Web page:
– Marking your standing position can help when composing and focusing your shot or if you have to move
– Use an external mic if background noise is very loud
– Record a few seconds and playback to check your framing and audio
– Plan the points you want to make, and know the point to end on.
Watch a film or television news and you will start to see how a scene or some sort of action is often edited together in a sequence using a variety of shots.
If you want to produce short video stories you will need to start practicing how to film sequences – telling your story in pictures.
Wide, medium, close-up, extreme close-up, over the shoulder – these are just some of the terms you might hear from camera operators to describe shots they produce to film a scene or some action.
Here’s a very simple example of filming a variety of shot and matching them together to build a sequence. No it’s not breaking news, just your author launching an internet radio app on his iPad. But try doing something similar at home for practice. You could film anything. Film the process of making a cup of tea, or collecting mail from your letter box. And in the spirit of this web video series where we’ve focused on using small camcorders, we shot and edited this example using an iPhone.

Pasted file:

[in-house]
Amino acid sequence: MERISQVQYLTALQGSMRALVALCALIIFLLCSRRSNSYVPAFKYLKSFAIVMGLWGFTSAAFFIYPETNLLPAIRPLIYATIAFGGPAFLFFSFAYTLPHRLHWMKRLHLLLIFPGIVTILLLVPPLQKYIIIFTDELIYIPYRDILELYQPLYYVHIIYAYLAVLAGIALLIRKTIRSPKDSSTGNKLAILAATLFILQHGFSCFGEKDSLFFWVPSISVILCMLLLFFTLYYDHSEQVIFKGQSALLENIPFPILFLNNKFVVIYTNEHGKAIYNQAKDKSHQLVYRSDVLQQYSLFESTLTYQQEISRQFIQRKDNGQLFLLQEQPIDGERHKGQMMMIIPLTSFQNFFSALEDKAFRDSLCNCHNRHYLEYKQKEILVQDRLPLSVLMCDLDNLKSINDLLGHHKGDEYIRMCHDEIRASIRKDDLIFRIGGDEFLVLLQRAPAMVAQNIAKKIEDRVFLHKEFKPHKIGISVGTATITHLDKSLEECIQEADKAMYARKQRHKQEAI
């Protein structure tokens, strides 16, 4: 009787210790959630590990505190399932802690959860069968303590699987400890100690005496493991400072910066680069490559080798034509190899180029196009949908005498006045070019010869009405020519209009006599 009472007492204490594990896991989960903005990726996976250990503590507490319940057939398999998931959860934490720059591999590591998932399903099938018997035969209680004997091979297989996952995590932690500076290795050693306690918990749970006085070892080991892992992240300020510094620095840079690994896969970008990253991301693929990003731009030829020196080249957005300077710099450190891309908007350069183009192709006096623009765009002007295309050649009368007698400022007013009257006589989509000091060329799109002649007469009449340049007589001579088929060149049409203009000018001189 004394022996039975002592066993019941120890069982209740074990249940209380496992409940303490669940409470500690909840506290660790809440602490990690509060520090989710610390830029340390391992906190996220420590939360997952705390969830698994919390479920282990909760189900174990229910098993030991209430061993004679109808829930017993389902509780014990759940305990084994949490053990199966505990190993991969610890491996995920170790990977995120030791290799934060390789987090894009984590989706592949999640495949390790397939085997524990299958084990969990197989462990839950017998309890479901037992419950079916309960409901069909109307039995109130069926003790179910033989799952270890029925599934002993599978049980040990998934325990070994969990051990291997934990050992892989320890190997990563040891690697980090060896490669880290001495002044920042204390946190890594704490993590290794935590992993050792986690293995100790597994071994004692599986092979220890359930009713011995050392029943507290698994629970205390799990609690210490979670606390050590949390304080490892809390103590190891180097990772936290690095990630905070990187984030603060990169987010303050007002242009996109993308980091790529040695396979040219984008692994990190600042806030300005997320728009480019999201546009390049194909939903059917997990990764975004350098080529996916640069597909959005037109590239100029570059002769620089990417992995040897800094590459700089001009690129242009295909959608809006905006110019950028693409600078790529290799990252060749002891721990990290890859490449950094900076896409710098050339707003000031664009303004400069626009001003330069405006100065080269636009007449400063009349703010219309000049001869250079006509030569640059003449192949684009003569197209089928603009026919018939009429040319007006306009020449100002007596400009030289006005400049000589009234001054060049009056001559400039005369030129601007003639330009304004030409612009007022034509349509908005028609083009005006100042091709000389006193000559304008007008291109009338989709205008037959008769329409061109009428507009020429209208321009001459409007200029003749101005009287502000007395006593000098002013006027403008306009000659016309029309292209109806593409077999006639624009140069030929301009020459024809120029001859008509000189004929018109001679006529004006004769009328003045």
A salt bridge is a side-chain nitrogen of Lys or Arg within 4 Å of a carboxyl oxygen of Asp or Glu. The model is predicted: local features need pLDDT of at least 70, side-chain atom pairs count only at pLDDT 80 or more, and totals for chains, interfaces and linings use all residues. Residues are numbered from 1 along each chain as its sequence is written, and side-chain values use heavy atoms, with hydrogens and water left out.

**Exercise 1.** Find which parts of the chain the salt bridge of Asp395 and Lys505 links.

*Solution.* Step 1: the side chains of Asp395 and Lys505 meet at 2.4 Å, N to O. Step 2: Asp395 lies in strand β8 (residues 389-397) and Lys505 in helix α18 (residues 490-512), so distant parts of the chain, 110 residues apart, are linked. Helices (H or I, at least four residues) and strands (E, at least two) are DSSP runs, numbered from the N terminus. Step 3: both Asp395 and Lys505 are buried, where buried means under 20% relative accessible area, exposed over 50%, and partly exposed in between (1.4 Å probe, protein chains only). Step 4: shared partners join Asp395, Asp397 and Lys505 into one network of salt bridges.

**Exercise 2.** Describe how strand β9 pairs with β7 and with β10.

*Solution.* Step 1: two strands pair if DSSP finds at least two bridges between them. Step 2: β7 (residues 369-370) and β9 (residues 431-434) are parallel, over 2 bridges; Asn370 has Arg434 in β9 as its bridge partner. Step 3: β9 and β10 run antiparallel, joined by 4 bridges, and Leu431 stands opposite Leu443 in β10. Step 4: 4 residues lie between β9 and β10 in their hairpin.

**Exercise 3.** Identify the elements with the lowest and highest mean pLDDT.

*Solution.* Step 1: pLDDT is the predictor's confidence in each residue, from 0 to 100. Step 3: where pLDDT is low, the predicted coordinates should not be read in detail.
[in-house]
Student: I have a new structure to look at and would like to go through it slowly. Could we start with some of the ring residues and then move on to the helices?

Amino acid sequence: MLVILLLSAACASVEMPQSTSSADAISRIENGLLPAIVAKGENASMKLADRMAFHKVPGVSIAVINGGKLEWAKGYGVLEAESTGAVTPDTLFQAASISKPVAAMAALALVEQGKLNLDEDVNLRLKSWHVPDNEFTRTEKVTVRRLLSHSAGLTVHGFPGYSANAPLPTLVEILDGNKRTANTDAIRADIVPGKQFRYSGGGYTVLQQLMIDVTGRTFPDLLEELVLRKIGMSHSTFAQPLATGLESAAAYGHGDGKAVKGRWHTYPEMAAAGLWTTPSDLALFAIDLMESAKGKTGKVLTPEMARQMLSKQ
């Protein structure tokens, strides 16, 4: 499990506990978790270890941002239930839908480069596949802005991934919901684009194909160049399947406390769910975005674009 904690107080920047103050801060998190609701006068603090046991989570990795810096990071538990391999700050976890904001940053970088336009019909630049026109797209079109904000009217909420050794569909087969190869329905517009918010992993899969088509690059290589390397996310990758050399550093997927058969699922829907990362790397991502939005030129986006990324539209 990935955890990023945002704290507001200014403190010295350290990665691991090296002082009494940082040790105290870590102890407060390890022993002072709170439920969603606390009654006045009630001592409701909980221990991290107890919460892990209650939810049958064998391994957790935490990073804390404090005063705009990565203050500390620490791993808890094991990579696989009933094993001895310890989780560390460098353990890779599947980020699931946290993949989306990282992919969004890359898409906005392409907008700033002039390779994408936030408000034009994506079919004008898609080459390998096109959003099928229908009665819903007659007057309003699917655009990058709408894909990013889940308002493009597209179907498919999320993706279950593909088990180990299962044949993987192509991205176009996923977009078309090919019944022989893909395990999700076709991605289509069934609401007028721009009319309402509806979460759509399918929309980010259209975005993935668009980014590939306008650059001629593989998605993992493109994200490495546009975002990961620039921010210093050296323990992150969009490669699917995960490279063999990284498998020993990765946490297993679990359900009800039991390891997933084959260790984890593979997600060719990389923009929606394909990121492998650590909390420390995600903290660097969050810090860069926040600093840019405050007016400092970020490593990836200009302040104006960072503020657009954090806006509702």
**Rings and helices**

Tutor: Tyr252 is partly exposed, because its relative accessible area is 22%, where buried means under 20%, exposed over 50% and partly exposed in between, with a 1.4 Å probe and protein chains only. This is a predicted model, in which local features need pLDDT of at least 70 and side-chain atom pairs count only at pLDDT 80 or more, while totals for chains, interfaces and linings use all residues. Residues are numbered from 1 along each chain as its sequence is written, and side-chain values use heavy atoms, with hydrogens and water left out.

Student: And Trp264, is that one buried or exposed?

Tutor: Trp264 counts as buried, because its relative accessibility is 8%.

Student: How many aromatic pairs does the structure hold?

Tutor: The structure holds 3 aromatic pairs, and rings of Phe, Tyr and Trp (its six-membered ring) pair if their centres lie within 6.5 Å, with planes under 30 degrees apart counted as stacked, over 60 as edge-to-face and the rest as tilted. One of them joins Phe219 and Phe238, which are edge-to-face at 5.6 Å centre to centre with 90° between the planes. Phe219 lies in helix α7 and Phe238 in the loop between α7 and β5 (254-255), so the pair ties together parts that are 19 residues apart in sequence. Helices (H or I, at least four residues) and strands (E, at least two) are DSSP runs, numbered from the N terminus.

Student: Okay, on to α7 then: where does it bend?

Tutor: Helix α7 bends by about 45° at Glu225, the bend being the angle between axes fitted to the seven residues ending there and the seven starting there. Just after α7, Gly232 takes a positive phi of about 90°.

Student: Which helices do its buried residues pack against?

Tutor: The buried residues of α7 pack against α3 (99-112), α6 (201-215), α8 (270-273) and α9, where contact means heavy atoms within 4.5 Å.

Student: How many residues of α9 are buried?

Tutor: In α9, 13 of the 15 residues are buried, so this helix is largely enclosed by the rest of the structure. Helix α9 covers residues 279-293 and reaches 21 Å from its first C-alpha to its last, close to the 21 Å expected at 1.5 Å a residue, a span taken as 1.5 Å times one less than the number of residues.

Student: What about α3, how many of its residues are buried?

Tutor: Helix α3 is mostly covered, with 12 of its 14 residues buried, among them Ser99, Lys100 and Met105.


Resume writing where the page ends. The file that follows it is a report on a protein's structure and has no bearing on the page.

Again, the key thing to remember is to film a variety of shots – when you have a variety of shots you have more options for editing. You’ll often hear trainers refer to filming five shots – in other words, aim to film at least five different shots for each scene, event or action to help you build a sequence.
That’s good advice. But if you have time, shoot five and a couple more. And always look for opportunities to shoot from interesting angles – a shot that surprises your audience will help keep up their interest. If you’re looking for inspiration, we love this example from film maker Philip Bloom.
– Plan. A little bit of planning always save lots of time
– Make a list of shots you think you will need to tell your story
– Record each shot for at least 10 seconds
– Remember to breath calmly and stay relaxed when filming handheld
– Film a variety of shots. Aim for at least 5 shots in each setting/scene
– Look for interesting angles. Move your feet rather than use the camera zoom
– Be aware of not “crossing the line” when filming a subject
– Be careful to avoid making handling noises that your camcorder or mobile phone mic may pick up
Keep practicing, and have fun! Developing your camera, editing and video storytelling skills takes time. But once you’ve mastered the basics look for opportunities to be creative. Online video doesn’t have to be the same as TV news. Analyze and deconstruct good examples of video journalism on leading news websites such as the Guardian and New York Times. Borrow and adapt from other visual storytelling genres. For example, take a look at our blog post on different approaches to video vox pops. Or, experiment with innovative web video tools such as Mozilla Popcorn Maker.
And finally, if you want to stay up to date with the latest camcorders, video equipment and discussions about video for the web formats, it’s worth following the hashtag #onlinevideo on Twitter.
Author: Guy Degen